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VA Press: Hampton students lobby for state amphibian - fifth-graders get interested in voting.

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Posted by: W von Papinešu at Mon Jan 23 16:41:58 2006  [ Report Abuse ] [ Email Message ] [ Show All Posts by W von Papinešu ]  

DAILY PRESS (Hampton Roads, Virgina) 19 January 06 Hampton students lobby for state amphibian - A local delegate is ready for ridicule over the bill but says it helped the fifth-graders get interested in voting. (Georgina Stark And John M.R. Bull)
Hampton: Arizona has a tree frog; New Hampshire, a newt; New Mexico, a toad; and Virginia may soon have its very own salamander.
Students at Cooper Elementary Magnet School in Hampton were so adamant that Virginia have a state amphibian, that their efforts to get one named has become one of the wackier House of Delegates bills introduced this session.
The bill, submitted by Del. Jeion Ward, D-Hampton, would make the Shenandoah Mountain salamander the critter of choice.
If the bill is approved, it will put the salamander on par with 11 other state symbols, including a state dog (American fox hound,) a state shell (oyster) and a state dance (square dance).
Ward said she was reluctant to introduce the bill, seeing the potential for ridicule aimed her way, but then saw how serious the students were about it.
"When they told me they wanted me to carry the legislation, I said 'Oh my goodness,' " she said, "but they'd done much for it."
Last year, eight fifth-graders in Cooper's 4-H Club got the idea to name a state amphibian after learning about how a bill becomes law.
Ward warned them that it has to survive a series of votes, first from the members of the House's General Laws Committee, but the students were undeterred.
The salamander, scientifically known as Plethodon virginia, was chosen democratically in the spring with students and teachers casting votes.
"This was a full-blown election," Ward said.
The other contender, the Jefferson salamander, lost by one vote proving to the students, Ward said, that every vote counts. Even kindergartners voted, scanning photos because most of them couldn't read yet.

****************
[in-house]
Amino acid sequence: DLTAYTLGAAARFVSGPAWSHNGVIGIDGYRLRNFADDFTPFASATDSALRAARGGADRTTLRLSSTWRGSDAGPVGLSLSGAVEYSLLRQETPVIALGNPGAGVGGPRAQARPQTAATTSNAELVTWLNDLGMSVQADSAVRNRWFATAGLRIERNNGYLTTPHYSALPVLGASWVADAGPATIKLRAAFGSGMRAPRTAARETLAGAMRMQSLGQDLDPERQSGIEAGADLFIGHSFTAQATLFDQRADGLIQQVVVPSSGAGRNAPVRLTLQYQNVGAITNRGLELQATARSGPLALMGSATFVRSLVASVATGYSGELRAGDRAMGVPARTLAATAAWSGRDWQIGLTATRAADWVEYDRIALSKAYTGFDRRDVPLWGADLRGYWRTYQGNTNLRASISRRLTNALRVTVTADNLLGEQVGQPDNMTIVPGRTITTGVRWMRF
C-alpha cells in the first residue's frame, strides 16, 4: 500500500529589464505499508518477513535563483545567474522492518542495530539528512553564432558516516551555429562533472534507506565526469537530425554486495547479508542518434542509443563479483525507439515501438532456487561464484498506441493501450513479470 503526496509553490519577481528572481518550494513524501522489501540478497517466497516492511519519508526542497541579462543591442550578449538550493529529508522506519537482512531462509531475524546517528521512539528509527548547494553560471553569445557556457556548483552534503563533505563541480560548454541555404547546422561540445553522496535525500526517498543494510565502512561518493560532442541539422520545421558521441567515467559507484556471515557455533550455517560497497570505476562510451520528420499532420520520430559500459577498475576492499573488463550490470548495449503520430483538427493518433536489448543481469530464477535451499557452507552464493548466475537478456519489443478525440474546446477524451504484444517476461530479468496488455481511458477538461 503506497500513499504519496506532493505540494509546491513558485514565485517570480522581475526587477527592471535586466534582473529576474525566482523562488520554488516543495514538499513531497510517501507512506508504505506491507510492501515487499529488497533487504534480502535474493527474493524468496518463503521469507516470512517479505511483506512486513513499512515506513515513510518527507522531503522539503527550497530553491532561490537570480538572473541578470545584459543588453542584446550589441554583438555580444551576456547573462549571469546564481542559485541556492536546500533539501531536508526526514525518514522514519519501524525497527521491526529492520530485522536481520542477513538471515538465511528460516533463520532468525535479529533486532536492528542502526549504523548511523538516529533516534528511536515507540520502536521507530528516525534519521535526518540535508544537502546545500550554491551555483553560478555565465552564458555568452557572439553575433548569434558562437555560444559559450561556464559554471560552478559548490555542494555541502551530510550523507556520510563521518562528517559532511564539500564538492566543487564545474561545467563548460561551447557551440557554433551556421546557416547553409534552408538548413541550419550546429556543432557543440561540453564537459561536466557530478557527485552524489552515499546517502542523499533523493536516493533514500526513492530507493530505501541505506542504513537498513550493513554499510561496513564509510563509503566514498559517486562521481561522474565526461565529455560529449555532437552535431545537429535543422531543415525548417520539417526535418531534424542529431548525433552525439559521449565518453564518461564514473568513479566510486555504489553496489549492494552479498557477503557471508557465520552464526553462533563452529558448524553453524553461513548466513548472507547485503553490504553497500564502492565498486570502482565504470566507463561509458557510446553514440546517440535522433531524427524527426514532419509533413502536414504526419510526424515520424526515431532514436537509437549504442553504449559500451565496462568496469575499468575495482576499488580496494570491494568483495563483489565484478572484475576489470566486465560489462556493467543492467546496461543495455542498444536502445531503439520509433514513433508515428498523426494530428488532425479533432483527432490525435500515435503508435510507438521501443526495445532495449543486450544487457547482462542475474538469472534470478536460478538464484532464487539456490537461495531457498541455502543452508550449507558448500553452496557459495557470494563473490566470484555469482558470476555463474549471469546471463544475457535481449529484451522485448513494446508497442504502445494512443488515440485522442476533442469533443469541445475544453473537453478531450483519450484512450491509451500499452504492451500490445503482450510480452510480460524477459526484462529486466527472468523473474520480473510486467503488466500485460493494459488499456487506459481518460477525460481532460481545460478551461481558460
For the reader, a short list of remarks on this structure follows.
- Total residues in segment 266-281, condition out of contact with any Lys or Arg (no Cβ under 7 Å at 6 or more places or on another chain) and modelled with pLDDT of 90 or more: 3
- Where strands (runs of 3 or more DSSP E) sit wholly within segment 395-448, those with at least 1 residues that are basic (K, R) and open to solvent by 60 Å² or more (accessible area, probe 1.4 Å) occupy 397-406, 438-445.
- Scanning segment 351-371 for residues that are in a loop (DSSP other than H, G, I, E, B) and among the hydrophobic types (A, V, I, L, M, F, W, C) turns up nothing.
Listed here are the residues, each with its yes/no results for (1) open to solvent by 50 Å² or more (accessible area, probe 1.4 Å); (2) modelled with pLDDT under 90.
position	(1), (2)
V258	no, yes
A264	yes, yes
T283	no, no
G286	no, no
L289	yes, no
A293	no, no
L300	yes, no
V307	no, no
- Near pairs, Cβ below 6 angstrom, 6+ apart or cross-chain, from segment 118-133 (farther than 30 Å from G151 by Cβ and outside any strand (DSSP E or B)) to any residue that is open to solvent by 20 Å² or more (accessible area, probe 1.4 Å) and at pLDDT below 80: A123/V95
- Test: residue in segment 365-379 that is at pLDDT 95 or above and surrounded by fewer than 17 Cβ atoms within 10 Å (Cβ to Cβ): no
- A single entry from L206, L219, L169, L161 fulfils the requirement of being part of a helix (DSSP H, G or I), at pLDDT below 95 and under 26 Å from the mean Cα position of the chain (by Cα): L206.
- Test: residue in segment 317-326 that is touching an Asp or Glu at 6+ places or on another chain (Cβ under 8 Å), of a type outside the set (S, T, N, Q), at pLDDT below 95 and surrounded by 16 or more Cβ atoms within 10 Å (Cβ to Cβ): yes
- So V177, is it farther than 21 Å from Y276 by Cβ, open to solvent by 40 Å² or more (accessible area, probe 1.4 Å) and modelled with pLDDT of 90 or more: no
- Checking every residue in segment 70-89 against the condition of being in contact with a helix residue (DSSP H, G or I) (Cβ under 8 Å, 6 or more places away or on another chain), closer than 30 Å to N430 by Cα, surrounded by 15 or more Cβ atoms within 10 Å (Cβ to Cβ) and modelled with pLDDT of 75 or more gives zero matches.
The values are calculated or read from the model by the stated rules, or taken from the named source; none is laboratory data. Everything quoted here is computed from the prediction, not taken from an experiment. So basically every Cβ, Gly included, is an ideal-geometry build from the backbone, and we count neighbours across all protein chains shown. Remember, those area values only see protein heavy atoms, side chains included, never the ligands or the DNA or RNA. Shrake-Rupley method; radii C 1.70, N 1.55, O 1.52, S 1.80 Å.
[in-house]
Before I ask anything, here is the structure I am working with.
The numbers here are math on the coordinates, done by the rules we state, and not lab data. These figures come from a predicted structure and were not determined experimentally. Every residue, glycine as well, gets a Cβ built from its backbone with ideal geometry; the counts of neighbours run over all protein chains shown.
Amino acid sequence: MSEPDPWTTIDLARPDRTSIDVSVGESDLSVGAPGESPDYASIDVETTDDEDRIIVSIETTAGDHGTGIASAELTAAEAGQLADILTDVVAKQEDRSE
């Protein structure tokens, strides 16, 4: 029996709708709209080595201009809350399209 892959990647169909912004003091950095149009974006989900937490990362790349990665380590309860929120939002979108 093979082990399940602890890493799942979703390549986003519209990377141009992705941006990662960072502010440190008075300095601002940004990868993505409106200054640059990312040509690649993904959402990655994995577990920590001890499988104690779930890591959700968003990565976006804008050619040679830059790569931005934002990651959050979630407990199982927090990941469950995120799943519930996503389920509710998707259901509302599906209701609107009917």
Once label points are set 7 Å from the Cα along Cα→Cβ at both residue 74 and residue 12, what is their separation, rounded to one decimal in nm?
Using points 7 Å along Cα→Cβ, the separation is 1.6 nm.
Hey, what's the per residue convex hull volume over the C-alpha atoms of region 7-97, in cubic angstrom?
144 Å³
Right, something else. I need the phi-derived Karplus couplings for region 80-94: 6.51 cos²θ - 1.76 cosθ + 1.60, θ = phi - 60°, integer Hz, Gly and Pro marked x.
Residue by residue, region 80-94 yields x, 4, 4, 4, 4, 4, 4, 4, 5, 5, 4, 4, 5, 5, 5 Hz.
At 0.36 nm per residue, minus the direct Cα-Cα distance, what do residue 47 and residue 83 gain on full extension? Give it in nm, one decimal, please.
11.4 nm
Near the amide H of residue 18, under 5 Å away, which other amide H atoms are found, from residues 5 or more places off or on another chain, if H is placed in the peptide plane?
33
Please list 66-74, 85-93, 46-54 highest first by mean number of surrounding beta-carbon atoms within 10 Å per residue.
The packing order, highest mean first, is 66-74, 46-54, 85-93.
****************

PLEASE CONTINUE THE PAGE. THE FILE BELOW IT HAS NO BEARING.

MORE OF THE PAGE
However, the 4-H Club members chose the two finalists because of their names, said Jordan Mueller, an 11-year-old 4-H Club member.
The club chose the Shenandoah Mountain salamander because they liked its scientific name, and they chose the Jefferson salamander as the other finalist because they figured Virginians would like the Jefferson name.
With its long, skinny body and mottled skin, the winner, the Shenandoah Mountain salamander, looks like a snake with legs, but the students were unwilling to consider a snake as a state symbol.
"They didn't want anything controversial," Ward said, laughing because the bill might become controversial anyway.
Lawmakers often are reluctant to create more symbols because they have been criticized for wasting time on them when important issues are on the table.
After then-Del. Jackie Stump, D-Buchanan, got the Virginia big-eared bat added to the list last year, he took some grilling from delegates and senators who dubbed him "Batman."
Ward said she has already earned the nickname the "Lizard Lady," though students at Cooper were quick to tell her that lizards are reptiles, not amphibians.
The salamander lives along the Virginia-West Virginia border on Shenandoah Mountain, said Henry Wilbur, a University of Virginia biology professor who admits the Plethodon virginia wouldn't be his first choice for the state amphibian.
"It's a bit of an obscure choice," he said, because it's not a well-known amphibian. "It has a pleasing name, but I don't know how well-recognized it is."
Wilbur would favor the Peaks of Otter salamander or the Shenandoah salamander because they are unique to the state.
The students have already begun lobbying General Rules Committee members with letters and hope to help present the bill in Richmond when it comes up for review.
The bill has a chance of passing the House of Delegates, but it is by no means a sure bet, said Del. Jack Reid, R-Henrico, chairman of the General Laws Committee.
"Sometimes these bills generate more controversy than you'd expect," he said, especially if there is a question whether the critter truly is indigenous to Virginia and if ridicule is heaped on lawmakers.
Ward said she has no regrets.
"I agreed to take the hit if I have to," Ward said, "because I'm sure one of the students will become a legislator or City Council member."
Eleven-year-old Yancy Nesbitt, who helped on the project, said she would be disappointed if the bill doesn't pass, but if it doesn't, "We always have next year."
Hampton students lobby for state amphibian


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